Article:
There is no doubt that the game was popular at various stages virtually nation-wide, from the wind-swept rocks of St Kilda to the more hospitable and gentler plains of the Borders; from Wimbledon Common to Manchester, in a fantasy world of Celtic twilight. Indeed, it is claimed that golf was perhaps born out of shinty players practicing, alone or in pairs, the art of driving the ball with the caman, or stick.
The game is also to be found on the worldwide stage with exiles taking the game to the furthest flung corners of the globe. That shinty has survived the combined assaults of Royal edicts against popular and `uncontrollable' games, as well as the Sabbatarianism following the Reformation and the outlawing of sports on the day of rest is a tribute to the people involved in the setting up of the organisation which drew this intriguing web of wayward strands together in the 1890s - the Camanachd Association, shinty's ruling body.
A series of hugely interesting and memorable exhibition matches in the preceding two decades ago were the immediate catalyst leading to the formation of the Association which has seen shinty develop from a series of loosely organised clubs and structures, into a progressive organisation with some forty clubs competing on a regular basis.
By the end of the century, greater mobility, mainly due to improved means of transport, helped to make the game more popular and gradually games began to be organised between clubs located at considerable distances apart. Gradually the local rivalries began to be replaced with a more competitive, ambitious atmosphere.
The match was played at a venue no longer in sporting use in Inverness, a park at Needlefield, a piece of ground situated between Longman Road and Cromwell's Fort, near the current harbour area. The day was practically observed as a holiday in Kingussie. A special train that conveyed the team to Inverness brought over 400 people to see the contest. From the whole Highland area, they gathered in droves, “an unwonted number of wearers of kilt and knickerbocker.” The Glasgow team arrived on Friday night to be in trim for the contest.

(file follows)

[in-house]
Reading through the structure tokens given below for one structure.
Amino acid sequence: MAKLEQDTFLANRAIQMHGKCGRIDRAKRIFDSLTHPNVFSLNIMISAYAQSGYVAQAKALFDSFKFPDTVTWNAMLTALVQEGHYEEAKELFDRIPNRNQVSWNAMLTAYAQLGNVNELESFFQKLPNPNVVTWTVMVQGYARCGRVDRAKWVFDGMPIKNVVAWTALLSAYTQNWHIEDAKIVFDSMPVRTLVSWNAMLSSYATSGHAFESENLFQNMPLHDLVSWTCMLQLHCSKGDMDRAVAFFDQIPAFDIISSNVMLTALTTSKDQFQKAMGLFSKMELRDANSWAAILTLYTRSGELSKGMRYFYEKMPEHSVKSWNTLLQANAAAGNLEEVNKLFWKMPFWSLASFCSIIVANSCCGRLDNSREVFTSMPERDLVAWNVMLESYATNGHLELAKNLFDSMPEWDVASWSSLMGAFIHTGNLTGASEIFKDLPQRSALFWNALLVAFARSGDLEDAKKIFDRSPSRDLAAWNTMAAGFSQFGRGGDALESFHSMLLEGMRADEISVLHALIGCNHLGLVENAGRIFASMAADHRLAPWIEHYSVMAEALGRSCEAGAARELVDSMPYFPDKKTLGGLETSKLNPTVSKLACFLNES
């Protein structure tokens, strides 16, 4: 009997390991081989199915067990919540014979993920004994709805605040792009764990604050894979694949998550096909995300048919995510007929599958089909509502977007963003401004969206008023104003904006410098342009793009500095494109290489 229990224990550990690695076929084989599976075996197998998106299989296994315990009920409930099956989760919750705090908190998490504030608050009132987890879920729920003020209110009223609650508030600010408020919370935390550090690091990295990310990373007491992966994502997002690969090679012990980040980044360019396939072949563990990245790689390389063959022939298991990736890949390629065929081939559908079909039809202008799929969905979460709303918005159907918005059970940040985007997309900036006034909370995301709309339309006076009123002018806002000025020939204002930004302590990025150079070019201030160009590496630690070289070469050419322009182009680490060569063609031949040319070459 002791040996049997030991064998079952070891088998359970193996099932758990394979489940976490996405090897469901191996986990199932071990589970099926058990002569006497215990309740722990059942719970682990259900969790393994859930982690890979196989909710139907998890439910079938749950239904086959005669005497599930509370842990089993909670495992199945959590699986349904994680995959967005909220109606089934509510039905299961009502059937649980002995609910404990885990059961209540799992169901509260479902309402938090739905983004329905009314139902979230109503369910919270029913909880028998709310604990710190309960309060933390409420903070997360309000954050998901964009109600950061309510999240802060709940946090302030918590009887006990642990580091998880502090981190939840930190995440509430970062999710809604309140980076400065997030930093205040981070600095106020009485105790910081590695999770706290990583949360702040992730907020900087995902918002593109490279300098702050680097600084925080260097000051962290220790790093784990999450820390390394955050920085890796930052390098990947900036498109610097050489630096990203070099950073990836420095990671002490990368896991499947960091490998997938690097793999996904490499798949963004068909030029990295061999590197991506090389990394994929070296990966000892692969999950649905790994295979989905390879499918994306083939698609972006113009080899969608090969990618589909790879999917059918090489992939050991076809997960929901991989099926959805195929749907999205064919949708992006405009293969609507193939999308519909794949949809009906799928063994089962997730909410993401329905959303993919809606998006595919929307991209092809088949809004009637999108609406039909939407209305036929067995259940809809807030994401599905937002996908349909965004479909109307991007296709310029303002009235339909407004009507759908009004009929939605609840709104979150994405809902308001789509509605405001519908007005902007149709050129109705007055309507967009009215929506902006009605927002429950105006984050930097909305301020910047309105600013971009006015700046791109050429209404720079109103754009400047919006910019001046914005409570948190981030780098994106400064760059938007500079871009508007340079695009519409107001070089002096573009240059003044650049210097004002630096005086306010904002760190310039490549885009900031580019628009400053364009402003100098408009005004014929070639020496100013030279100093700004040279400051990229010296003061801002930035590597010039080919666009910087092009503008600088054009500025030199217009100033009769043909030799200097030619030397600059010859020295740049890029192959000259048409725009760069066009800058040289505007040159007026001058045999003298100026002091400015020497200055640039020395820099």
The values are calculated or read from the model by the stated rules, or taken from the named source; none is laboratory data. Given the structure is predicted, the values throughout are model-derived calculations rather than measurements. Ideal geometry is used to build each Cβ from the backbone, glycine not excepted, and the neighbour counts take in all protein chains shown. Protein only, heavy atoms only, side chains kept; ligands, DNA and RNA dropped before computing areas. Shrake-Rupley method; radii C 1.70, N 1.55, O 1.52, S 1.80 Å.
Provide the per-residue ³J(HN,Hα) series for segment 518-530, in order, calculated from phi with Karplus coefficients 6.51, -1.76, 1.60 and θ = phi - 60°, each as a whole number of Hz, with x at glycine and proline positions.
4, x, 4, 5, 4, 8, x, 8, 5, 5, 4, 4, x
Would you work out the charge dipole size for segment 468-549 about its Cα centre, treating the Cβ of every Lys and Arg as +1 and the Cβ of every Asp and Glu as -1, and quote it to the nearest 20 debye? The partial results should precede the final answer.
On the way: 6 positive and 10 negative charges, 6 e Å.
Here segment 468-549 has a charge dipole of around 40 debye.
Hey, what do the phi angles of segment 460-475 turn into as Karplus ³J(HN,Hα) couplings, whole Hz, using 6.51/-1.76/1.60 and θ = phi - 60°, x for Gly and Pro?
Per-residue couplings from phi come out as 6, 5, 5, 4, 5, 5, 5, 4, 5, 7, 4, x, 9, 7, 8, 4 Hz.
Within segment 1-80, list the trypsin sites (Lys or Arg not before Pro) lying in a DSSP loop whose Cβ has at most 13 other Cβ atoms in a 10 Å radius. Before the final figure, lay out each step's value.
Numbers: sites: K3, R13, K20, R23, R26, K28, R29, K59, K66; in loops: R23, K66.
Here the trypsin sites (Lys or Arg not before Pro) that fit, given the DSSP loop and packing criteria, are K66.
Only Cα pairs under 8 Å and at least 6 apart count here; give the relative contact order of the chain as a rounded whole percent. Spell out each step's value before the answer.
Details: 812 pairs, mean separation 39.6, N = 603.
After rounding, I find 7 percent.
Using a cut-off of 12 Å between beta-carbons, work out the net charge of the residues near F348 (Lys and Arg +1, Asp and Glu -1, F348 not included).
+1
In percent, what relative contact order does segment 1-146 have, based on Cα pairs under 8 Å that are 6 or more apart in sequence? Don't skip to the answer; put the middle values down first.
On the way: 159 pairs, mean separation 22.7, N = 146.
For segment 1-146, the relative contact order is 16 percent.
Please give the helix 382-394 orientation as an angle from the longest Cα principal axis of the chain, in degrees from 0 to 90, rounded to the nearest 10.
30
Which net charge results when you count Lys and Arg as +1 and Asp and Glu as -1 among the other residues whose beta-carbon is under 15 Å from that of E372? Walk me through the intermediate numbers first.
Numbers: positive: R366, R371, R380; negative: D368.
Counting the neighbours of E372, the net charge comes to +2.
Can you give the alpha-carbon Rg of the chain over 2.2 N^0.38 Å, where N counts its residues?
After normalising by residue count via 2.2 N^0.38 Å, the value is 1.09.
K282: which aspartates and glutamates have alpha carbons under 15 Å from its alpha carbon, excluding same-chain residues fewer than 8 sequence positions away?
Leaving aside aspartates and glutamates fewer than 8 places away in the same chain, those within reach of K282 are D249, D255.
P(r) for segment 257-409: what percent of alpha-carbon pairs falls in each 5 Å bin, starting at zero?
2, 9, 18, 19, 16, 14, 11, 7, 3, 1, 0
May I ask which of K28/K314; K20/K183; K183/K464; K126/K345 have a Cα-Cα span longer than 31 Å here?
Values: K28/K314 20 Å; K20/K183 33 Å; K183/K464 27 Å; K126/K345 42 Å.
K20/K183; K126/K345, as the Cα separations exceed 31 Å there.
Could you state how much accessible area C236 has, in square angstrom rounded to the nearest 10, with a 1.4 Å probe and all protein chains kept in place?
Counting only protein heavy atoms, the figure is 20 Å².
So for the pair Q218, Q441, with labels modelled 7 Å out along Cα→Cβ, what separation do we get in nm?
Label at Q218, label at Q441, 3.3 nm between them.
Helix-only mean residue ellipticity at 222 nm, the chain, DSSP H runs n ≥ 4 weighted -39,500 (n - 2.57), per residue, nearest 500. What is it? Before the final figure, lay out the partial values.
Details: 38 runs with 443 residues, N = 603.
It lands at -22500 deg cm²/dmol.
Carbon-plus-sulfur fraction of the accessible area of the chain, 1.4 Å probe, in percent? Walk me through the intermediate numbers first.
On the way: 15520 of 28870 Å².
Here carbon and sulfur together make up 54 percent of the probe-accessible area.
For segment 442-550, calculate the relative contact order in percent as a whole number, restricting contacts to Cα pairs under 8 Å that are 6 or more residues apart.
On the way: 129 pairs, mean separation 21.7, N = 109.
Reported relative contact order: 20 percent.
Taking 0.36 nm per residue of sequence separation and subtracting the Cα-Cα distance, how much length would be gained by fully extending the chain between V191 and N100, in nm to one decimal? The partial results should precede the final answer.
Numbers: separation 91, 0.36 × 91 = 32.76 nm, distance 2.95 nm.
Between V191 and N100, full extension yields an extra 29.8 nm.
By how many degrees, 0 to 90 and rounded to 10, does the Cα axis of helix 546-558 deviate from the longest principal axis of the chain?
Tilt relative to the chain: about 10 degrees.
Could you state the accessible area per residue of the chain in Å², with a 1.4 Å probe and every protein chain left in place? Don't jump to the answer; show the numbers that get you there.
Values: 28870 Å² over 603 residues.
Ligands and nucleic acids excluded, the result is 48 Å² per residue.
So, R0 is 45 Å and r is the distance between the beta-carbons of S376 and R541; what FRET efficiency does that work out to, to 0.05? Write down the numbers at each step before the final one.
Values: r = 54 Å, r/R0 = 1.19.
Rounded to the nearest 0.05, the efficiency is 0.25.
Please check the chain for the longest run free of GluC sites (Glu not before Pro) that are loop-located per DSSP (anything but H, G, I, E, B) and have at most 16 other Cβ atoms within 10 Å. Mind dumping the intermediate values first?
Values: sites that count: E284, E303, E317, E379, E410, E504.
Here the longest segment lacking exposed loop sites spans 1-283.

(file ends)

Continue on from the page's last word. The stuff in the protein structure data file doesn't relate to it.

On a murky Saturday, drizzling rain rendered the playing pitch slippery. Notwithstanding the charge of a shilling, crowds had flocked to the match, and there were around 1000 in attendance, producing gate receipts of £41.
Cowal started well and the Kingussie team looked unsettled. Cowal's striking was sharp and sure. Again and again Dallas of Kingussie, by most determined and really brilliant play, averted danger, frustrating his opponents.
The Badenoch men however began to play to some purpose and with more method. Encouraged by the slogans of their enthusiastic supporters, and with a defence seemingly impregnable, and the Kingussie forwards, no doubt inspired by the brilliant play of their own defence, re-awaken to a sense of their responsibility and opportunity. Ultimately, with a dash and impetuosity that was well nigh irresistible, the men from Badenoch press their opponents, and William Ross has the satisfaction of scoring the first goal for Kingussie, after seventeen minutes' play.
News of the victory was received with much satisfaction in Kingussie and district, and the players were accorded an ovation on their return, pipers playing lively airs, and others carrying lighted torches, assembling at the train station, and marching through the town, while bonfires were lighted above the burgh and two on the farm of Dunachton.